Sunday, 12 March 2017

Lent Sunday 2 (Year A)

Readings: Genesis 12:1-4a; Psalm 33; 2 Timothy 1:8b-10; Matthew 17:1-9

We hear about the temptations of Jesus on the first Sunday of Lent each year, and we hear about the transfiguration of Jesus on the second Sunday of Lent each year. This year is the turn of Matthew’s gospel, but it is instructive to think about what each of the evangelists decides to omit and what he decides to include compared with the other two accounts of the same experience.

Matthew, for example, does not show Peter and the other two disciples to be quite as dim as they can seem in Luke and Mark. The comment that Peter, always the first to open his mouth, ‘did not know what he was talking about’ is omitted by Matthew. He is generally kinder in his account of the disciples anyway, certainly kinder than Mark who presents them as forever getting the wrong end of the stick.

In this, Matthew’s approach fits with one aspect of what the transfiguration means, that it is a moment of re-assurance for the disciples. It happens, he tells us, ‘six days later’. Six days later than what? Six days after Jesus had told them for the first time that he was to go to Jerusalem, to be rejected and condemned, to suffer and to be put to death. The transfiguration is a moment of re-assurance and encouragement for them to continue following Jesus even in view of what Jesus had begun to say to them about his destiny. It is a divine endorsement of the way Jesus is going and of what he is saying about his mission.

The scene is richly loaded with traditional and familiar figures, scenery and texts. Of course the disciples knew who Moses and Elijah were. The scenery – on a mountain, with an overshadowing cloud and a voice – immediately evokes an experience of the divine presence. They surely understood something also of the significance of the words spoken from the cloud. The beloved son with whom God is well pleased, is referred to by Isaiah and others of the prophets. They might well have been familiar also with Moses’ prophecy in the Book of Deuteronomy about a great prophet, whose authority would be comparable to that of Moses himself. ‘Listen to him’, Moses had said, providing words for the divine voice at the transfiguration.

But if the characters and scenery and words of this dramatic moment are all familiar, the meaning of their being brought together in this way, and the one around whom they are brought together, makes of this an experience of something radically new. Although each of its elements is anticipated in the Old Testament, there is nothing quite like it in the Old Testament. What Jesus is helping the disciples to do is to make the transition from the ways in which they understood life and God and themselves up to then to a completely new way of understanding life and God and themselves in the future. The journey they are being asked to take is solidly rooted in all that they had been taught about the God of Israel and yet it is a journey that will transform them completely as regards what they thought and how they lived. It is at once familiar and completely mysterious so their fear is understandable.

Related to this is another detail of Matthew’s account, which is not mentioned in either Luke or Mark. Jesus, he tells us, touched them and told them to stand up. They have done what human beings ought to do in the presence of God: bowed down, fallen on their knees and put their faces to the ground. But the great outcome of the adoration of God, as distinct from the adoration of anything that is less than God, is that we stand up greater for having worshipped.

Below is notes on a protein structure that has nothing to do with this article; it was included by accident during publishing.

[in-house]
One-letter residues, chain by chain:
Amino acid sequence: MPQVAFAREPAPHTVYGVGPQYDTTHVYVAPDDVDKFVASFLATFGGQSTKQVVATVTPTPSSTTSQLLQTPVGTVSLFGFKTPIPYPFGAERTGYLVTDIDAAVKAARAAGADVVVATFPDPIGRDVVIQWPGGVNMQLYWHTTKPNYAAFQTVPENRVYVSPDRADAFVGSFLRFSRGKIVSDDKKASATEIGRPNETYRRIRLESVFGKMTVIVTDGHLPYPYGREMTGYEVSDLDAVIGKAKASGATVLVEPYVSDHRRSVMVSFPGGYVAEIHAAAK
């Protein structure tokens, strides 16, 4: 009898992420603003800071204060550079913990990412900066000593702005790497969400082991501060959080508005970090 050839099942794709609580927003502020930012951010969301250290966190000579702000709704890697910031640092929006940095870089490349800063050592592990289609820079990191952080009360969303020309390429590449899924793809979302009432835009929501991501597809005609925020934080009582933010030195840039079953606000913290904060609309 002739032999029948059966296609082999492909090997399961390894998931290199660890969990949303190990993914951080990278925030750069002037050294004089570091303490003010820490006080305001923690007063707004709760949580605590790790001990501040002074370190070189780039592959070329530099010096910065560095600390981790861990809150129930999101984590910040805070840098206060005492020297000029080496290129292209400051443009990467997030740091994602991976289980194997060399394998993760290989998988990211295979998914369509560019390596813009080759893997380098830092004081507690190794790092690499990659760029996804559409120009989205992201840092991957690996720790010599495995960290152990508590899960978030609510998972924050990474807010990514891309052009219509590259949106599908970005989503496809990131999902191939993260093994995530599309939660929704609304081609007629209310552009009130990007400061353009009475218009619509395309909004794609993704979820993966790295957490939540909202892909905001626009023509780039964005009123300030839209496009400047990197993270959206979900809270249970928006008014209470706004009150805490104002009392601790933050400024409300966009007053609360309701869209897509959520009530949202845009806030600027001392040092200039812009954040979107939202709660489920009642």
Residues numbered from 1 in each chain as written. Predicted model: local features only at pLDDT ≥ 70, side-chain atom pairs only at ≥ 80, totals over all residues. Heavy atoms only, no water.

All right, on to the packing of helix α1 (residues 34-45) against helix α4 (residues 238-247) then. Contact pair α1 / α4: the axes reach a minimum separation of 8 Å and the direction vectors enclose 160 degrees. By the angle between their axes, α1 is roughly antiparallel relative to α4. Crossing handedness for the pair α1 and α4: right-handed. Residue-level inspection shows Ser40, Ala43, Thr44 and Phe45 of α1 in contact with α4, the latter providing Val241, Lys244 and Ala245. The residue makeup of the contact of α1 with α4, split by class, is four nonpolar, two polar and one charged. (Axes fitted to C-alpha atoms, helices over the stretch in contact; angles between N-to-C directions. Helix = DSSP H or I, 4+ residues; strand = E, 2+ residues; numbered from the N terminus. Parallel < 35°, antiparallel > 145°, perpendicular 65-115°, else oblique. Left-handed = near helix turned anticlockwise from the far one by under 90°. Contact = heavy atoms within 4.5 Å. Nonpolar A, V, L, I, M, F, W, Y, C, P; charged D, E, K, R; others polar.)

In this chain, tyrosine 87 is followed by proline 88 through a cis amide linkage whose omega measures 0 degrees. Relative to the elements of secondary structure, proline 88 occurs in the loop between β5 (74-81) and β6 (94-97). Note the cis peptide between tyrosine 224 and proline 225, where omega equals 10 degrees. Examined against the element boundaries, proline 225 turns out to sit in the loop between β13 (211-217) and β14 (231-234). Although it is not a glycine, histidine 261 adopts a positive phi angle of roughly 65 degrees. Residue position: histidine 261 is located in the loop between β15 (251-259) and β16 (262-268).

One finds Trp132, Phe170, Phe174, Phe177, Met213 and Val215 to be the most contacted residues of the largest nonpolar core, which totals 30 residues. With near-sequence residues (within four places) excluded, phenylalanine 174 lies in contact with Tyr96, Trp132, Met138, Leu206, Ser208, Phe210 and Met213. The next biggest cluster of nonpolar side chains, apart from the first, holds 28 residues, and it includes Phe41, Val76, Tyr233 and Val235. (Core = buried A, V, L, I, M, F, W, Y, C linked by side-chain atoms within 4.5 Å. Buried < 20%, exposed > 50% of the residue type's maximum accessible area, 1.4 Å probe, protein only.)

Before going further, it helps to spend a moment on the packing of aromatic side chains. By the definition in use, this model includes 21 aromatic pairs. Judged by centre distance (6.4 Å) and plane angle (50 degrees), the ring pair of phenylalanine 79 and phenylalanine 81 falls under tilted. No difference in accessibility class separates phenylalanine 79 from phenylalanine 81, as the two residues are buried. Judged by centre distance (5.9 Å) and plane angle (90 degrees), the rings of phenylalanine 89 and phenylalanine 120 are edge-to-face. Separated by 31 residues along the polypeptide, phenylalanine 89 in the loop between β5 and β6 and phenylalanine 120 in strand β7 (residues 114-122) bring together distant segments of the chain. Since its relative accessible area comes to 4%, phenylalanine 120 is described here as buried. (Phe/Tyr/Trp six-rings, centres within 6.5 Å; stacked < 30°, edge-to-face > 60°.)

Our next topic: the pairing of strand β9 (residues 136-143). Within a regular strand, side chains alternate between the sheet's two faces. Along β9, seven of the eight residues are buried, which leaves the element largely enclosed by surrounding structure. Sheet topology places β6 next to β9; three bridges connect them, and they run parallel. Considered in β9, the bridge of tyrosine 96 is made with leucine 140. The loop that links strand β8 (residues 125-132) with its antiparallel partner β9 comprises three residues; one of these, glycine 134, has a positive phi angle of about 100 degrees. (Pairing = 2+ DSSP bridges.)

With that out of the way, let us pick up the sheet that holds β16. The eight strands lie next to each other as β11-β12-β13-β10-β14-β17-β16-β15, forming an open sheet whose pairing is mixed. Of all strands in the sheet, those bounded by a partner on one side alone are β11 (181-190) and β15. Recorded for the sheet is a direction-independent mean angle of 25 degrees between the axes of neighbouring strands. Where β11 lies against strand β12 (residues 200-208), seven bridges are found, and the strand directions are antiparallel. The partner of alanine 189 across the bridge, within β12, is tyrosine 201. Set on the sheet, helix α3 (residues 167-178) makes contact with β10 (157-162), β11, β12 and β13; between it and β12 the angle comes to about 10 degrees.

Whenever we worship something less than God we must hand over some of our identity to that thing. We are then less than we might be for having worshipped an idol. It may be money or power or a group of people or a political ideology or a religious organisation or some vague abstraction– to worship an idol, a false god, always makes us less than what we are. We must pay tribute to whatever it is we worship in that way. We must invest something of ourselves and such false gods have big appetites.

But to adore God does not mean losing anything of our identity. In fact it means the opposite, for we are not rivals to God and God is not a rival to us. To worship God is to live in the truth. This is the reality of our situation, that we are the creatures and servants of God, called to follow the way of His Son. In the presence of God, the Son says to us ‘stand up’. Already we get a glimpse of the greatness that is being revealed, not only the greatness revealed in Jesus but the greatness revealed in Him for us. The second reading speaks of it as ‘the power of God who saved us and called us with a holy calling not in virtue of our works but in virtue of his own purpose and the grace he gave us in Christ Jesus ages ago’.

Romano Guardini, a theologian working in Berlin at the height of Nazi power there, decided with colleagues and friends to try to disseminate statements to counter-act what was happening. He decided to write first about adoration, for adoration, he says, is ‘the safeguard of our mental health, of our inmost intellectual soundness’. ‘Whenever we adore God’, he writes, ‘something happens within and about us. Things fall into true perspective. Vision sharpens. Much that troubles us rights itself. We distinguish more clearly between good and evil. … We gather strength to meet the demands which life imposes upon us, fortified at the very core of our being, and taking a firmer hold upon truth’.

To fall on our knees before God expresses the truth of our situation. To be enabled to stand up in the presence of the same God, at the invitation of His beloved Son and through His saving work, is the wonderful grace that has been manifested through the appearing of Jesus our Saviour.

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